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  • Emperor and Empress of Japan Talk Informally With Returned “Senior Volunteers” and “Senior Volunteer for Japanese Communities Overseas”


April 13, 2018

Emperor and Empress of Japan Talk Informally With Returned “Senior Volunteers” and “Senior Volunteer for Japanese Communities Overseas”

Representatives of “Senior Volunteers” and “Senior Volunteers for Japanese Communities Overseas” who had finished their two years of service in another country and returned to Japan were granted an audience to converse informally with Their Majesties the Emperor and Empress of Japan on March 9.

Their Majesties have been interested in the Japan Overseas Cooperation Volunteers since the launch of the volunteer initiative in 1965. Since 1995, both volunteers about to be sent abroad and representatives of volunteers who have returned to Japan have been meeting with the Emperor and Empress. Since 1996, representatives of return volunteers have received the opportunity to report on their activities in the foreign countries where they served.

This time five Senior Volunteers and one Senior Volunteer for Japanese Communities Overseas met with Their Majesties. The volunteers had been serving in Asia, Oceania, Africa, the Middle East and Latin America. Before this informal conversation, they met with JICA President Shinichi Kitaoka at JICA headquarters in Tokyo.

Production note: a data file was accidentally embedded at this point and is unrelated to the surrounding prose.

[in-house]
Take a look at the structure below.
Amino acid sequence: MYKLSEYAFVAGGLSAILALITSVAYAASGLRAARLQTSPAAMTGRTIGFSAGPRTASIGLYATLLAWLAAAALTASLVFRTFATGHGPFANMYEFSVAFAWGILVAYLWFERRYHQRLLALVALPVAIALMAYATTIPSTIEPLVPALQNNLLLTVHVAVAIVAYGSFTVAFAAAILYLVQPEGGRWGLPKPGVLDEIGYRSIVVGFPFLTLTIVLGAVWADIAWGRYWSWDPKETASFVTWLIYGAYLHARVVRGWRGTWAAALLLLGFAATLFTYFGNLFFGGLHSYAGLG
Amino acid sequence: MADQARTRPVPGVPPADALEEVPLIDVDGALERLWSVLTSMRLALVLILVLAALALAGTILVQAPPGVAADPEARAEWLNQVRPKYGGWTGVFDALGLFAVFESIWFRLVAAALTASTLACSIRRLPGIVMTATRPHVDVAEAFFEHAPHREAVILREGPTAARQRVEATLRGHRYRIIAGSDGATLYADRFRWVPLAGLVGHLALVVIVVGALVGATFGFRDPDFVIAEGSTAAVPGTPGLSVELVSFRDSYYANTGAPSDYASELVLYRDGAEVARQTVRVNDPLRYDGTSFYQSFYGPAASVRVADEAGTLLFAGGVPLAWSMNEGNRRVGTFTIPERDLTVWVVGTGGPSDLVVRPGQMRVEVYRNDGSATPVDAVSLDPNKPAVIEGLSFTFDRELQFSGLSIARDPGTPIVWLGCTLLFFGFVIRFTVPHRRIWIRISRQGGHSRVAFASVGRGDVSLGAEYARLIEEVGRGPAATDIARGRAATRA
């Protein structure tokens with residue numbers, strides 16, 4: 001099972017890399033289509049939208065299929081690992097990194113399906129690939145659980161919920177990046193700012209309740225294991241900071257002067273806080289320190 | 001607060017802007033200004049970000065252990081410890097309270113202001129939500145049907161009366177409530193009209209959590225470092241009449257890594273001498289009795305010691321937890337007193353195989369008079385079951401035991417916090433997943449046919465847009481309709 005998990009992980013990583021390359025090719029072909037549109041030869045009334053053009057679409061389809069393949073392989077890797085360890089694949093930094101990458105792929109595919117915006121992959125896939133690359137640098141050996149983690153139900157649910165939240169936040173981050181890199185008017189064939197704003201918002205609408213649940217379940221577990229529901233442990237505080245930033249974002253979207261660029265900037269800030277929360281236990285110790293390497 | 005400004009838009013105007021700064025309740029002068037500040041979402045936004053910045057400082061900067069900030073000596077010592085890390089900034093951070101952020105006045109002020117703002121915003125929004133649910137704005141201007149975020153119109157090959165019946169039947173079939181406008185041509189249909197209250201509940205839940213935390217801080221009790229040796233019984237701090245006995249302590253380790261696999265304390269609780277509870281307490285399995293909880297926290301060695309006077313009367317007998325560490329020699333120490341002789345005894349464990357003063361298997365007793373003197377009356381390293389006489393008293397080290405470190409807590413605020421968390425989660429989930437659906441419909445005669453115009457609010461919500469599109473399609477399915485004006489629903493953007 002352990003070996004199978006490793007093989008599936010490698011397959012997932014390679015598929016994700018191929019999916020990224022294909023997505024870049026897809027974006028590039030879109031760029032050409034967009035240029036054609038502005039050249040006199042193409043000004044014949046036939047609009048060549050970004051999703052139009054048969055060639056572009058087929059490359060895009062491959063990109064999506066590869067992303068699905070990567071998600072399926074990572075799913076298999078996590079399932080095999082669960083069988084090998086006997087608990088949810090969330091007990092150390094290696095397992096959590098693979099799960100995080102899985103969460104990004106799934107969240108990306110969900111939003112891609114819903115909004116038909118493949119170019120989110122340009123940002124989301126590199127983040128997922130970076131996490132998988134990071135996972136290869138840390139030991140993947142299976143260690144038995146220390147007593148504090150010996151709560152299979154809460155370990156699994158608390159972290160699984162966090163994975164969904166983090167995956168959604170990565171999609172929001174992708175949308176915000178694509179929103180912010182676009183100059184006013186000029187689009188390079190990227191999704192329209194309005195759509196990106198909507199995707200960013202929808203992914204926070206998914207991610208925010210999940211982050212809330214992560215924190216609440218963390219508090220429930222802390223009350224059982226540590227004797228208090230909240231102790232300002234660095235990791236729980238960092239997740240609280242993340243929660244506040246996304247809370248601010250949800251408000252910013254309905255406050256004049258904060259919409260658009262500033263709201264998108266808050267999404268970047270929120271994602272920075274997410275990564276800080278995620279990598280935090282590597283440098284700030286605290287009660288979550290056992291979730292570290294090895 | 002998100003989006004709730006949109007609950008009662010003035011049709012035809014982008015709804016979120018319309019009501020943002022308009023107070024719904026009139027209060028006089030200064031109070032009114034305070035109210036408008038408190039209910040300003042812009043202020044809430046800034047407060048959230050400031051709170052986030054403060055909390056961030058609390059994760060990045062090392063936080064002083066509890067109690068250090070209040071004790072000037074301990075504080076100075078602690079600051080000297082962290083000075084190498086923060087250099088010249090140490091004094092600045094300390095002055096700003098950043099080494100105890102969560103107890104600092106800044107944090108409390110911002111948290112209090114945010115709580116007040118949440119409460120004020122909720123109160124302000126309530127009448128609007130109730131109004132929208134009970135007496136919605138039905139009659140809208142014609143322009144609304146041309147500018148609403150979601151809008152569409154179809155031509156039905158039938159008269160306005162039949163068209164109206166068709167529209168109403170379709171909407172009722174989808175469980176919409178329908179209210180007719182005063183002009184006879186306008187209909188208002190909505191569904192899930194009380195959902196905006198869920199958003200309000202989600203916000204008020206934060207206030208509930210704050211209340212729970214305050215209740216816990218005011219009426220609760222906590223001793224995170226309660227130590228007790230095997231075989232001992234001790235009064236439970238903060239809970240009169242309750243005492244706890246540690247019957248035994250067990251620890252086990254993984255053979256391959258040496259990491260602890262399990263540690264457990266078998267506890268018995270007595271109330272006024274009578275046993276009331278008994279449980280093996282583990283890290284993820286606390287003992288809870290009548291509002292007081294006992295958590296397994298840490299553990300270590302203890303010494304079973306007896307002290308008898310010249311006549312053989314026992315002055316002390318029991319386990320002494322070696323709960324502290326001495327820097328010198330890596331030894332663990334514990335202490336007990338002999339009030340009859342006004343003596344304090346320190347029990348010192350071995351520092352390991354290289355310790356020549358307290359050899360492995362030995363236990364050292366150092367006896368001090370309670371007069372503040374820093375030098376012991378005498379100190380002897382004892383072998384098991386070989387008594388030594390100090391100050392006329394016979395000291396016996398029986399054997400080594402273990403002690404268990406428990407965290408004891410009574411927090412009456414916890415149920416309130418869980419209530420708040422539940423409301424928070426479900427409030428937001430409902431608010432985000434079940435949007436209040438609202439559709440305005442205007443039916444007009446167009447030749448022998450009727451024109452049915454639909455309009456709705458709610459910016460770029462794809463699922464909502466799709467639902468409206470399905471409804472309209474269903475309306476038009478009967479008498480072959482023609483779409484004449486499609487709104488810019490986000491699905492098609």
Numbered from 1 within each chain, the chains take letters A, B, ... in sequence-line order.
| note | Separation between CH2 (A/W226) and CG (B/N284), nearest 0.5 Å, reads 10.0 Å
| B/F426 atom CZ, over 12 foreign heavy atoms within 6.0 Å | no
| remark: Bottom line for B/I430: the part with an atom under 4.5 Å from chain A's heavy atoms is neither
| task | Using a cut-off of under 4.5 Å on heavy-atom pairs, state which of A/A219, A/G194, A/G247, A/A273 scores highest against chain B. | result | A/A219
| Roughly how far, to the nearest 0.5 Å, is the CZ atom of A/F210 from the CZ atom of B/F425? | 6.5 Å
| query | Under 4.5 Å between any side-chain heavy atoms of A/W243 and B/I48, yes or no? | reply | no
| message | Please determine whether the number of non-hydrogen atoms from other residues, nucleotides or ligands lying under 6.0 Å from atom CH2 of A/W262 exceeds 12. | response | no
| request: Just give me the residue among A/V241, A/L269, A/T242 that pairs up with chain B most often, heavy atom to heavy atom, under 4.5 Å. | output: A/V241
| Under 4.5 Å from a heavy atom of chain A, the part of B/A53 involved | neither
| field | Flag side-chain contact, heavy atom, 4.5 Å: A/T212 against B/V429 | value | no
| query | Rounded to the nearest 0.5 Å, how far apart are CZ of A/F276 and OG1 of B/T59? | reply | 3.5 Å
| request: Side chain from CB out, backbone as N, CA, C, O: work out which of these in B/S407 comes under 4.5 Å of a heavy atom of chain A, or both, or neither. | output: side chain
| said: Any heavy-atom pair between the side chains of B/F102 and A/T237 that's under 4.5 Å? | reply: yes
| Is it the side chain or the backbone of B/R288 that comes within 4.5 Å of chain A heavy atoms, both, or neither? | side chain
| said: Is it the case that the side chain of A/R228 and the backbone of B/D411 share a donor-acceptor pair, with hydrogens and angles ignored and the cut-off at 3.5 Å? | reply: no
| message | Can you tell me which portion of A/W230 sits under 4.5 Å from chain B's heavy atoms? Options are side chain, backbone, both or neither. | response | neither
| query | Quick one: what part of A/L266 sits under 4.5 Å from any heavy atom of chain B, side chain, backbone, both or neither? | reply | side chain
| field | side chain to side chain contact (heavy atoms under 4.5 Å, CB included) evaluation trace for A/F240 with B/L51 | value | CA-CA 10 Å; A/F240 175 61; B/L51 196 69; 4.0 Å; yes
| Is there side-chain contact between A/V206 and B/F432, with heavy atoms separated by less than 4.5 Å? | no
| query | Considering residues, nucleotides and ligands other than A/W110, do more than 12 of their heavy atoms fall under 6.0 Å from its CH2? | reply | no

photoFrom front left are Yuichi Fujii, Noriko Ishisaki , JICA President Shinichi Kitaoka, Keiko Yamashita and Naoko Iwasa and from back left are Hiroshi Shimizu, Tadashi Hirano and Mika Yamamoto, director general of Secretariat of JOCV

Contributing to lowering the defect and failure rates in cast iron products

photoIn the laboratory to which he was assigned, Tadashi Hirano gives advice on adopting the green sand testing method. (Mr. Hirano is on the left.)

At PT Barata Indonesia (Persero), a machine tool manufacturer in Gresik city, East Java Province, Indonesia, Tadashi Hirano (metalworking, age 68, from Niigata prefecture) gave advice aimed at reducing the cast iron product defect rate and costs, which contributed to lowering the defect rate. He introduced examples of Japanese initiatives related to safety, the environment and occupational health, and on a daily basis, he greeted the plant workers and reported on potential improvements in Indonesian, making them known to all. This led to the inside of the factory becoming better organized, among other workplace improvements.